Growing up in a small town in Texas, Cheryl Nichols adored her highschool drama teacher. He was the type of guy who read poetry and made her feel like she was the neatest girl at school. She relished his reading recommendations, and admired his killer taste in music.
“He was one in every of those teachers who was such a pricey mentor,” Nichols, now 39, told The Post.
One night when she was just 16, he invited her and a few of her classmates over to look at the ’90s comedy series “Strangers With Candy.” Later that evening, together with his wife in one other room and none of her classmates in sight, he leaned in to kiss her.
“I knew that it wasn’t only a flirtation. [I knew it was wrong] when it became an actual physical thing — it was at his house — a bunch of theater kids would go there periodically and he and his wife would have us over and they’d cook for us. [His wife] was not aware of what was happening,” Nichols said, of her predator who was hiding in plain sight.
Cheryl Nichols documents her relationship along with her highschool teacher when she was just 16 years old in the brand new Freeform docuseries “Keep This Between Us.” Freeform
“I used to be in a relationship with my teacher and it began after I was 16,” Nichols admits within the trailer of her recent four-part docuseries “Keep This Between Us,” out Monday on Freeform.
In it, she chronicles her relationship with the mentor she trusted — though never names him, she said, for legal reasons — who groomed her to maintain their relationship a secret.
“Dearest Pony: OK, first things first — never send an email together with your real name on it. Remember, that is our little secret,” Nichols said, reading an email from her former teacher within the trailer for the docuseries.
“He just starts getting increasingly more sexual,” she says within the series, which sheds light on the prevalence of grooming in schools across the country and the way common it’s amongst young women and older male teachers.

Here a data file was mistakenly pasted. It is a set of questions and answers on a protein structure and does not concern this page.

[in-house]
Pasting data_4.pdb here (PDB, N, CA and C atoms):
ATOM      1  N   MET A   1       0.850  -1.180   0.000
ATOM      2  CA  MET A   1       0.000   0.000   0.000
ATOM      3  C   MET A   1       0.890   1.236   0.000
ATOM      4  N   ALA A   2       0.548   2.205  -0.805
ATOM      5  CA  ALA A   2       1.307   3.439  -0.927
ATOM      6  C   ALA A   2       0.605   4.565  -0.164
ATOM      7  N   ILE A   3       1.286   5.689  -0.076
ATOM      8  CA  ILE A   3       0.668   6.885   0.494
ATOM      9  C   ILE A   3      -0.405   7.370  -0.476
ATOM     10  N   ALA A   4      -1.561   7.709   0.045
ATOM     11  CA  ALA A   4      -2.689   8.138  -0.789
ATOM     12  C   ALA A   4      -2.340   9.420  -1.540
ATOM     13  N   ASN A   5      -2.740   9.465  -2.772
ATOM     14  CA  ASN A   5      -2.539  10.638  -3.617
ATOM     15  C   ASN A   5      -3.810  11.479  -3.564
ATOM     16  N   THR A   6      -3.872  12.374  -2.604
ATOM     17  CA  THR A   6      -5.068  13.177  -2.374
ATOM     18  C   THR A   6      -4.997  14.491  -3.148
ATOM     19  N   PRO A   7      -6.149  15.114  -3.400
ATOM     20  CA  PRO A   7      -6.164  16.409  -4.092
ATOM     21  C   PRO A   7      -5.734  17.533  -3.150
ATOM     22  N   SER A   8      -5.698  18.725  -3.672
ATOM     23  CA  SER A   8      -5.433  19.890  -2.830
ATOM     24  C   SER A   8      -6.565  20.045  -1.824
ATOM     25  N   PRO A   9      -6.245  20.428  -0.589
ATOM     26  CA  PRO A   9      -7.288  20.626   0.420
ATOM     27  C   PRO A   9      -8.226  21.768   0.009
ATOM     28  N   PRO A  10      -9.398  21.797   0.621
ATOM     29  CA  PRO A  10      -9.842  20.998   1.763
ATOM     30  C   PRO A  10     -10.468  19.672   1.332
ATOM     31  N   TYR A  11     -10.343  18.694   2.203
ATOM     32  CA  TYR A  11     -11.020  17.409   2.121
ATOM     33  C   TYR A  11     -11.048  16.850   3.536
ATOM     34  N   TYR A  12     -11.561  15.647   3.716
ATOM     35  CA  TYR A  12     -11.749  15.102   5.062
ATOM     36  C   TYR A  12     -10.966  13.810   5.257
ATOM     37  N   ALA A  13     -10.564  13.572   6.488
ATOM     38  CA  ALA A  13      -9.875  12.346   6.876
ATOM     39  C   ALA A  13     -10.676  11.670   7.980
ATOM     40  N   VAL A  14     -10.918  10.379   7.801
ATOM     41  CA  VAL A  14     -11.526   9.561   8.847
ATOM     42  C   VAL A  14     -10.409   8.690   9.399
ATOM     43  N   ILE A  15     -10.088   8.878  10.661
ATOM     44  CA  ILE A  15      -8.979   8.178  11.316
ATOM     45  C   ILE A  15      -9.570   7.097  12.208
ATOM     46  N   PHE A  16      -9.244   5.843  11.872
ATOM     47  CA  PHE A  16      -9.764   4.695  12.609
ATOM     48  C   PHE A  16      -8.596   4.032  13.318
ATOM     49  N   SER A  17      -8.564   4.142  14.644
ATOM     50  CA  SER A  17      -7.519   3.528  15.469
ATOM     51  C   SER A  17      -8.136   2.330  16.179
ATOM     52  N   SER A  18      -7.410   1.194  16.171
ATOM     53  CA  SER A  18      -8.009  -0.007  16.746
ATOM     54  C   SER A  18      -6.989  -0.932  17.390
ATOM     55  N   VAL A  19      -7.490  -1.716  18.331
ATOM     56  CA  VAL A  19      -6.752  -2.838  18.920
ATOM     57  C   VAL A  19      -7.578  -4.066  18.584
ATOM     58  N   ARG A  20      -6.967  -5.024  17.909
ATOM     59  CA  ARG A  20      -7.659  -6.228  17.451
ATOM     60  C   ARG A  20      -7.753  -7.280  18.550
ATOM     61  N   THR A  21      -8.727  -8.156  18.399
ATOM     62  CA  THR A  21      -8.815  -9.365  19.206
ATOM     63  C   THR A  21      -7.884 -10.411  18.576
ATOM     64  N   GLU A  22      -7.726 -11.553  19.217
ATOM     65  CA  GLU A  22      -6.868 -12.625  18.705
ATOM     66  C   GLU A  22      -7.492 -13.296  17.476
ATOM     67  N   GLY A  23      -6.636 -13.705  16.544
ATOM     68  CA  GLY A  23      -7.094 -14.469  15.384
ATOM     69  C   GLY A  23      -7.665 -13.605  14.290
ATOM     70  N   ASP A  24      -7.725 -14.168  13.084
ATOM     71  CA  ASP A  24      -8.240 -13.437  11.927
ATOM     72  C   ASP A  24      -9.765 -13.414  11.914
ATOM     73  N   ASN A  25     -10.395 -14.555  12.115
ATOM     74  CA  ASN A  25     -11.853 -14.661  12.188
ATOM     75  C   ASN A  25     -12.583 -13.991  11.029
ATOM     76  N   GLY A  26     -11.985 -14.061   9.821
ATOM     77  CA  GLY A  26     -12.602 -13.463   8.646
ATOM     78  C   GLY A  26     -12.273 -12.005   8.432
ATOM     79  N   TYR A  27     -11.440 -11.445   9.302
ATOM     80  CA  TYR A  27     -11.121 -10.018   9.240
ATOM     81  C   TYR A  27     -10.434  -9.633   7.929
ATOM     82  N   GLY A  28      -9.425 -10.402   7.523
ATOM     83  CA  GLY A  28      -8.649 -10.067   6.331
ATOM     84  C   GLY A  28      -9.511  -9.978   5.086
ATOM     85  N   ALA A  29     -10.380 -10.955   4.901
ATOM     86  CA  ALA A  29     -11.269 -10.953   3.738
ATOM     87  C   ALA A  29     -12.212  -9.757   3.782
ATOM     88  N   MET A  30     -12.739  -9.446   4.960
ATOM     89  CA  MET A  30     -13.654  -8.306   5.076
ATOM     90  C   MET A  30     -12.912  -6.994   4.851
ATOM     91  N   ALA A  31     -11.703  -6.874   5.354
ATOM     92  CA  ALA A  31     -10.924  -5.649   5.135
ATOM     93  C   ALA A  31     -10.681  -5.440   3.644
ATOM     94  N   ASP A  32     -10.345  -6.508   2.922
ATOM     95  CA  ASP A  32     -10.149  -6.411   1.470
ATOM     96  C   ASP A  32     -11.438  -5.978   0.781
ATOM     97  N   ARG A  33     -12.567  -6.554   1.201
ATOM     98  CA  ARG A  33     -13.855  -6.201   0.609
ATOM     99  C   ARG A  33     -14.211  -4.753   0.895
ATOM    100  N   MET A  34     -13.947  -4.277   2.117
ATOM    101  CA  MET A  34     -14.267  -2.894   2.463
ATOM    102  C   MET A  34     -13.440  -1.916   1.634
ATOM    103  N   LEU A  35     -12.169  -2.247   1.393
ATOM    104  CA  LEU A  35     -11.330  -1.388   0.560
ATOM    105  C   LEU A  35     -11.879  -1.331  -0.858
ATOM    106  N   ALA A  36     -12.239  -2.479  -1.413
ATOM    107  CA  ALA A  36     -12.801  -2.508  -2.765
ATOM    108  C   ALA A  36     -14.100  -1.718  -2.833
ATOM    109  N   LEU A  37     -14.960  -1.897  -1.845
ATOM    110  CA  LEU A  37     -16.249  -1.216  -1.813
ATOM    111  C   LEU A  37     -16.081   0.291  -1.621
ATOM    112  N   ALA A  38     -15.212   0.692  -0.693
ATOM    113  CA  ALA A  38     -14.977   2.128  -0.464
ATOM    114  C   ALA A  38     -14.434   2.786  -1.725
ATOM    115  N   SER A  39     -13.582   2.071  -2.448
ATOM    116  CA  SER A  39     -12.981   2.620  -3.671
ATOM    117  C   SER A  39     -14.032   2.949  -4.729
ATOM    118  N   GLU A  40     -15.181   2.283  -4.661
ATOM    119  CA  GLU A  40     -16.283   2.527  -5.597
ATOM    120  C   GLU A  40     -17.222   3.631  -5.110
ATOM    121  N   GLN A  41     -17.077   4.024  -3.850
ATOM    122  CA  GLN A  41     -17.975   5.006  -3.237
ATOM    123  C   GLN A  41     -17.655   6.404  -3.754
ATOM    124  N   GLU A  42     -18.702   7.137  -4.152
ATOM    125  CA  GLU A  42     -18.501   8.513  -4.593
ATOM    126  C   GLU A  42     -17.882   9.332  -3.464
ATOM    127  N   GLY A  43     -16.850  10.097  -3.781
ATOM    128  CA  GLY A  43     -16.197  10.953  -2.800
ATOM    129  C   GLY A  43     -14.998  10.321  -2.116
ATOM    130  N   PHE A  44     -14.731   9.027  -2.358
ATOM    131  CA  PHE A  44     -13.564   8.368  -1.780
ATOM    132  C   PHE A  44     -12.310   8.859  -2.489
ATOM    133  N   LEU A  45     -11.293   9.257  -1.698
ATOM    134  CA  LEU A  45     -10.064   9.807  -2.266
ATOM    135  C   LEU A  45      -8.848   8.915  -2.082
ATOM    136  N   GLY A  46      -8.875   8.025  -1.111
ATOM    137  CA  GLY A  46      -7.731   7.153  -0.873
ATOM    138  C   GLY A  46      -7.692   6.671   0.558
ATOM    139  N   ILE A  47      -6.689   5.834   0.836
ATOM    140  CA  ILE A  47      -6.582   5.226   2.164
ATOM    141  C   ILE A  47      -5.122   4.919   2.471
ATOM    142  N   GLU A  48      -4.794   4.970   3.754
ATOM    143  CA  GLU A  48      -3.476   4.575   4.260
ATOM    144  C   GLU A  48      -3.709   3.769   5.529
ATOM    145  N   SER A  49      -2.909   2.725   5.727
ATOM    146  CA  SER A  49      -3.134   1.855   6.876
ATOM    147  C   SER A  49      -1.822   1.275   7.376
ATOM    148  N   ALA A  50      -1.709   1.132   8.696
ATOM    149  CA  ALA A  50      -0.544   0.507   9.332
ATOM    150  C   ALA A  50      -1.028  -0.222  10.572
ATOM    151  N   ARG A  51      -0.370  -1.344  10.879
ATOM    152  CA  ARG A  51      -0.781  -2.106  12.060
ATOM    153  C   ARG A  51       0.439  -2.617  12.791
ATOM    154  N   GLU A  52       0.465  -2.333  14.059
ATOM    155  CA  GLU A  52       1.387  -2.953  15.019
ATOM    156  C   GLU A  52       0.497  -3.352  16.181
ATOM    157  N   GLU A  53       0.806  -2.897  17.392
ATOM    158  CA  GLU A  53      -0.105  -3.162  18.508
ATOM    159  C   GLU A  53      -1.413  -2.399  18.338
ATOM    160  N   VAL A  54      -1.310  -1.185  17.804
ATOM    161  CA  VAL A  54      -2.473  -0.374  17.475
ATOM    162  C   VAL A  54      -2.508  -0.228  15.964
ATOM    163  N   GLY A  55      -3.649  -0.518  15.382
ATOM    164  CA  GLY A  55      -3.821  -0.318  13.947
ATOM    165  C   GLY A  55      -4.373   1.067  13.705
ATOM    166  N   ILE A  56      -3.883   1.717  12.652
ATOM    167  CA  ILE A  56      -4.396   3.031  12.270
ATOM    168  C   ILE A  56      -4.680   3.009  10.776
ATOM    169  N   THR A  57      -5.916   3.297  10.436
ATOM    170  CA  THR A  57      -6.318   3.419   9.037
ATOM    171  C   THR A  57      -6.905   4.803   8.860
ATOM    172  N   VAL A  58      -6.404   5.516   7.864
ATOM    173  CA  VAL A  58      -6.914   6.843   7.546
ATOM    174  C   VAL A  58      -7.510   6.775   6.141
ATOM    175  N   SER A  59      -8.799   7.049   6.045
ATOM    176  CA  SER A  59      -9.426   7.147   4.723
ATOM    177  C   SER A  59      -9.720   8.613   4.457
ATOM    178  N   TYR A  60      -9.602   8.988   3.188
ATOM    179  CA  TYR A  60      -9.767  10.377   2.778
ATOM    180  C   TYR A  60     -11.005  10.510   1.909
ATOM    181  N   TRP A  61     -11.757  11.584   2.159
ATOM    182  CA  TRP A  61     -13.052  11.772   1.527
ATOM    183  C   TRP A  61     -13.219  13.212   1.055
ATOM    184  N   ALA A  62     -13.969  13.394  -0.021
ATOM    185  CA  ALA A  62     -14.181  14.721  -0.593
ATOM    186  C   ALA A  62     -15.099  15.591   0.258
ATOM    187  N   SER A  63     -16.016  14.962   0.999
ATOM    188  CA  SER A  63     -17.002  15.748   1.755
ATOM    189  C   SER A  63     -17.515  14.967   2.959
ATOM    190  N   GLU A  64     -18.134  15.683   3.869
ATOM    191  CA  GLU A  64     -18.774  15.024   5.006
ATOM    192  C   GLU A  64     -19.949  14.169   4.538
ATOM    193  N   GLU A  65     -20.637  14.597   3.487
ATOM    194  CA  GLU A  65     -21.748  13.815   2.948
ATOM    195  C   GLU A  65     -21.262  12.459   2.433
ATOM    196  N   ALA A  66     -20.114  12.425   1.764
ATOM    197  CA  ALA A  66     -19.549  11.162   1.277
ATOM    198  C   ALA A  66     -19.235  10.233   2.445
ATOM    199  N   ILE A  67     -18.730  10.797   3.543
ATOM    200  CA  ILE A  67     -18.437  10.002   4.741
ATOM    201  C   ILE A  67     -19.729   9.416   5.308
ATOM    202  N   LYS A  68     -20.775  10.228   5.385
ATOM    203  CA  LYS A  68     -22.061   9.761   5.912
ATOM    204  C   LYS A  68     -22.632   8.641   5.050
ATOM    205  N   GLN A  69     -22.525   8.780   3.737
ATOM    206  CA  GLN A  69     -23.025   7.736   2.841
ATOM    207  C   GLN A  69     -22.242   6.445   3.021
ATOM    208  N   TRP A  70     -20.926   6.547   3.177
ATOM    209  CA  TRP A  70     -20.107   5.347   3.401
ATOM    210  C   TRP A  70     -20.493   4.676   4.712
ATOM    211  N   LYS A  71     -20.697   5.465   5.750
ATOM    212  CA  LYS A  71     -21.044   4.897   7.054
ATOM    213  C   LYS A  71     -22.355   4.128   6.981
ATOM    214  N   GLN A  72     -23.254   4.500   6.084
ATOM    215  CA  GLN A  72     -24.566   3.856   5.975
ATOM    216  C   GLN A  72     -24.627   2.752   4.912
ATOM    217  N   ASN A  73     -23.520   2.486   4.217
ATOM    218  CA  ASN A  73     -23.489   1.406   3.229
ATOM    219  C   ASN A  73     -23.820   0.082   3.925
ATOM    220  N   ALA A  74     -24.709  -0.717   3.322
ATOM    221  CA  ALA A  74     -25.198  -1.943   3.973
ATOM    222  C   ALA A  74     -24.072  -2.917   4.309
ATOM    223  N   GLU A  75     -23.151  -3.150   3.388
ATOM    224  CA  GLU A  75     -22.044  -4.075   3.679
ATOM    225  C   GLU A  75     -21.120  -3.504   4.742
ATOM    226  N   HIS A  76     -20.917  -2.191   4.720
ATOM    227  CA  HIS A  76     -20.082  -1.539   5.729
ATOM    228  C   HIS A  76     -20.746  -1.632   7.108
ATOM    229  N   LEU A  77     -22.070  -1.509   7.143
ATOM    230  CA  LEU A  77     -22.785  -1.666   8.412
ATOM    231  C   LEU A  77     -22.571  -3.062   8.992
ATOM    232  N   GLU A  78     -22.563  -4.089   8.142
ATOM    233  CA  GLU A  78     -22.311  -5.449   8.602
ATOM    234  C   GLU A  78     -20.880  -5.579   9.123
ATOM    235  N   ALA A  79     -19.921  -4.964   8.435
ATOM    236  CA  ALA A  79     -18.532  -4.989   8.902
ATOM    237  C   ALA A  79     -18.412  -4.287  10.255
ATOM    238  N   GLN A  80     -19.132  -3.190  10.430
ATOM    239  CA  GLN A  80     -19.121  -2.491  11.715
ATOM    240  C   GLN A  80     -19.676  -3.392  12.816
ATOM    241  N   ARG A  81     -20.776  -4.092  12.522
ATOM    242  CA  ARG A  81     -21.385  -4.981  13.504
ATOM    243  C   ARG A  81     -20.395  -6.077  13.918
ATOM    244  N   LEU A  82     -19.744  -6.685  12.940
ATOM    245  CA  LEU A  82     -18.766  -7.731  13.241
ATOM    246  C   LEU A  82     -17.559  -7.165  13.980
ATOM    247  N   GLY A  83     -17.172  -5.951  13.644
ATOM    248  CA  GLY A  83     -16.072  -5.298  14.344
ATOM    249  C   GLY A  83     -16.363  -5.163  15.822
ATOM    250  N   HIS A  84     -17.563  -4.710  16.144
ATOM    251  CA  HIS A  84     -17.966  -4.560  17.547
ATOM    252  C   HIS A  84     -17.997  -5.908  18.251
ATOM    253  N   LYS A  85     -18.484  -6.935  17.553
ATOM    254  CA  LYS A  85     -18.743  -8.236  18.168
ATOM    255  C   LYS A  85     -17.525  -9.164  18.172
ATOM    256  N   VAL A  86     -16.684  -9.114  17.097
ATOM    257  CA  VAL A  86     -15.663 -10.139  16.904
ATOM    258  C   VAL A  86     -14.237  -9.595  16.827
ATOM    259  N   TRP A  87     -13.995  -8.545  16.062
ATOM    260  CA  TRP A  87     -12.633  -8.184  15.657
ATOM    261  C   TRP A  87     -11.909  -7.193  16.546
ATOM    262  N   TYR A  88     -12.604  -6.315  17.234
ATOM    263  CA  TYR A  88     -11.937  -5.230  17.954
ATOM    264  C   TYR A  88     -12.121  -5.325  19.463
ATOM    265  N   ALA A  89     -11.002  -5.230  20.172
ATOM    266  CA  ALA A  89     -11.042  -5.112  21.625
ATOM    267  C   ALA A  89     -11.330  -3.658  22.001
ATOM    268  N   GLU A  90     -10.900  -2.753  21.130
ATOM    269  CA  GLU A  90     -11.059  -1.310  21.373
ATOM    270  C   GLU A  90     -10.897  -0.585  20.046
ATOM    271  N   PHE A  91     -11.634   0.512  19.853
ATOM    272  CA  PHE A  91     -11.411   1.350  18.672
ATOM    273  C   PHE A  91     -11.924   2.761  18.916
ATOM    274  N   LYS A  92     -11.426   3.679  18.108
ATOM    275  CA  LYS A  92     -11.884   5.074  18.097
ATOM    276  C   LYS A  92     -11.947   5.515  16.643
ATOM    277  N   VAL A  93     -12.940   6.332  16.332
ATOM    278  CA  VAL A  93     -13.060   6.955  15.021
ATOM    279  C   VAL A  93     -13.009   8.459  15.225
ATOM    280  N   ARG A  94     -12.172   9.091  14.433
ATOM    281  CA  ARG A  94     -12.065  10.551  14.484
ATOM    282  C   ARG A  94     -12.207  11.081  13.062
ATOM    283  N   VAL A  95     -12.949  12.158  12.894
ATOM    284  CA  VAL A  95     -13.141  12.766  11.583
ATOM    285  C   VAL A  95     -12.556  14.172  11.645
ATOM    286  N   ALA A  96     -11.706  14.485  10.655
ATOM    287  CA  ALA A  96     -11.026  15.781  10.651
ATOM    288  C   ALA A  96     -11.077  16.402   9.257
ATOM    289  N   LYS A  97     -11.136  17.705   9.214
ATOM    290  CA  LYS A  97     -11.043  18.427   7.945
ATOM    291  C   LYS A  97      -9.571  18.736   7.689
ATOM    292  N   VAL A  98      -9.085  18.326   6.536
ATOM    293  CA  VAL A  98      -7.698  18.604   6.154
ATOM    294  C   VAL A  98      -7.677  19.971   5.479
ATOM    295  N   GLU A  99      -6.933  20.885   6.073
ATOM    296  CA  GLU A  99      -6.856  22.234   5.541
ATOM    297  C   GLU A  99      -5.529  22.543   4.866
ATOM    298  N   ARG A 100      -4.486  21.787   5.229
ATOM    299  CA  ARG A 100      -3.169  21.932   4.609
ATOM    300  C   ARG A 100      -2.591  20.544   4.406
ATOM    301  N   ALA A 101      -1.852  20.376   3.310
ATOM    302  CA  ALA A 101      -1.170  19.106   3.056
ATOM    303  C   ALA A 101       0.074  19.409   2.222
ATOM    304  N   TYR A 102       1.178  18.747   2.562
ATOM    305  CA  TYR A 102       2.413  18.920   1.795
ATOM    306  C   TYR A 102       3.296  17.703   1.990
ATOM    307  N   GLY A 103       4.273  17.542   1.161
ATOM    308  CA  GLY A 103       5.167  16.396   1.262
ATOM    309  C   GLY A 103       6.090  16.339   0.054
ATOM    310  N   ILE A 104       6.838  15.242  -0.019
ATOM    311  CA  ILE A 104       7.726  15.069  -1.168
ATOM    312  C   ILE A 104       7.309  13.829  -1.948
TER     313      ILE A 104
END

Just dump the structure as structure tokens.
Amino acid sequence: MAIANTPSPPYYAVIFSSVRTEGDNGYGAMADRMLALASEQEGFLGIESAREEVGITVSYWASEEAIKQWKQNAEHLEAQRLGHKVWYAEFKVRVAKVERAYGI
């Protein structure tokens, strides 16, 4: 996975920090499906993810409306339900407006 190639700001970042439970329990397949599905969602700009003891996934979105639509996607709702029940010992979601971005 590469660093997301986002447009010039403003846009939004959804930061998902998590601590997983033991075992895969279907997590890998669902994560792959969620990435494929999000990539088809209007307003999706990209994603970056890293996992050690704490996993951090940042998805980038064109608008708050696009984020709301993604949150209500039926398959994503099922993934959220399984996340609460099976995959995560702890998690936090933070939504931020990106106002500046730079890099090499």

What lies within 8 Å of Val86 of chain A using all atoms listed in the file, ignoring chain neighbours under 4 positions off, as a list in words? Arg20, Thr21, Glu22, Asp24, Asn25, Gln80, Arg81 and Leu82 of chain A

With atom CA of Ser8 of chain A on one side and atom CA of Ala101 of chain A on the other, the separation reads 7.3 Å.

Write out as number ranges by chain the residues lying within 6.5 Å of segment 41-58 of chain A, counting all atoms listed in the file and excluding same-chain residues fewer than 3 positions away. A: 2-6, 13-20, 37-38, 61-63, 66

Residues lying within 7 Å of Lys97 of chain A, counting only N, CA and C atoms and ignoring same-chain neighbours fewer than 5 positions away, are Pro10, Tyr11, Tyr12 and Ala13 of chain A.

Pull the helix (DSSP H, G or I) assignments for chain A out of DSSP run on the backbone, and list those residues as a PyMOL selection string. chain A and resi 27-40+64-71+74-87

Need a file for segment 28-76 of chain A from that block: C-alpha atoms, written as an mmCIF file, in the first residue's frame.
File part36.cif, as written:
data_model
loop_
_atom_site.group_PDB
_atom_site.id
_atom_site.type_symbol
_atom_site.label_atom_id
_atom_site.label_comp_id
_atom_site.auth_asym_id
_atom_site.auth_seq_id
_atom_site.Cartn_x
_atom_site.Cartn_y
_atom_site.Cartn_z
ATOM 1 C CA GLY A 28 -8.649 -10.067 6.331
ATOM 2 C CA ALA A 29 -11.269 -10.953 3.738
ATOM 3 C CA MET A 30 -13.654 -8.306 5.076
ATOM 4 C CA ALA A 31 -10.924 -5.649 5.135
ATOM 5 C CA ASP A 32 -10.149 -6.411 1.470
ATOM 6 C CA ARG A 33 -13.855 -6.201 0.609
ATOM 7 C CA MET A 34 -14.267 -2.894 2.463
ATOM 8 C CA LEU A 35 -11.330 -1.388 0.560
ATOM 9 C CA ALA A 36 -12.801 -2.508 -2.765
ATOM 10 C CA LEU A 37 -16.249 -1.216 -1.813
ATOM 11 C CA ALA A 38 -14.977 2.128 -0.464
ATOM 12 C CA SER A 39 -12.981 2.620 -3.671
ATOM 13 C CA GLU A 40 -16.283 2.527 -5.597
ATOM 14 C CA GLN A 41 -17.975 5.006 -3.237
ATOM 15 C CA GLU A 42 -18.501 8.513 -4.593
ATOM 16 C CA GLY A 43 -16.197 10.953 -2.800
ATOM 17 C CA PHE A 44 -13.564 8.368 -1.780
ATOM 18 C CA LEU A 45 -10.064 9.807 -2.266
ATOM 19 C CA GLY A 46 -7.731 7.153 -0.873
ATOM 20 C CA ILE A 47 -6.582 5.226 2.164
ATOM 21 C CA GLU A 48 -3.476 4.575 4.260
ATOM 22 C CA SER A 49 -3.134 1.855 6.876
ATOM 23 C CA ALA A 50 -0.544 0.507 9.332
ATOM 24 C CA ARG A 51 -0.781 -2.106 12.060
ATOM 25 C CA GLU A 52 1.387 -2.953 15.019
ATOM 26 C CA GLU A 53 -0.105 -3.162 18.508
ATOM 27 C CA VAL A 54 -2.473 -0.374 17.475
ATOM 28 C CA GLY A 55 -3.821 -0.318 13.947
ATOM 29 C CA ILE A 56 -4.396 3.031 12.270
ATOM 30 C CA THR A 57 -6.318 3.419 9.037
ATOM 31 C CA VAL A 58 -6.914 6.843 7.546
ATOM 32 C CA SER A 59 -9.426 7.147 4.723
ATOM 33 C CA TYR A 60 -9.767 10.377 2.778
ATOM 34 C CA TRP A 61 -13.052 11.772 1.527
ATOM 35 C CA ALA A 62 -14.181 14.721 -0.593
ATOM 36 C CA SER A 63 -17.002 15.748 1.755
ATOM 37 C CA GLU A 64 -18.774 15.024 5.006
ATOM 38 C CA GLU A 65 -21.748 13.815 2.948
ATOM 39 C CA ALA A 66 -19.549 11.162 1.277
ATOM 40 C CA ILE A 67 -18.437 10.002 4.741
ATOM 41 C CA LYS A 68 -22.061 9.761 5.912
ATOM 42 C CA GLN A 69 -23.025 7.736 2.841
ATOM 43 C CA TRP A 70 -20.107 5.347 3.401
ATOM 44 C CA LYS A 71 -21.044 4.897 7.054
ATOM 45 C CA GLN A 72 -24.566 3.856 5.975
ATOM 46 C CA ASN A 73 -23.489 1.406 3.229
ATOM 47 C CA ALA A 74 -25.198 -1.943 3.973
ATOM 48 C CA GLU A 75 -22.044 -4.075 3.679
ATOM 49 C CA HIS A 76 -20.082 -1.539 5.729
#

“It began very innocently. He’d complement me on my intelligence or the way in which I danced on the pep rally, and it just slowly became this type of direct sexual innuendo conversation,” Nichols said.Freeform
“My relationship with the teacher was a extremely delicate process and something that was seemingly deliberate on his part. It began very innocently. He’d complement me on my intelligence or the way in which I danced on the pep rally, and it just slowly became this type of direct sexual innuendo conversation,” Nichols told The Post.
The glaring warning signs, she said, went neglected due to her admiration for somebody whom she thought was her mentor, a standard misconception amongst many teenage girls who may experience similar grooming patterns, Nichols said.
Grooming is defined as a pattern of manipulative behaviors used mostly as a tool to sexually abuse young children and teenagers, in response to the nonprofit organization RAINN (Rape, Abuse & Incest National Network). Abusers use manipulative tactics, targeting vulnerable victims to emotionally or physically separate them from family members by gaining their trust through attention, gifts or sharing “secrets,” in response to RAINN. These tactics are most frequently utilized by someone in a victim’s closest circle — family, friends or authority figures like teachers, coaches or mentors and will be particularly difficult to acknowledge. That was the case for Nichols.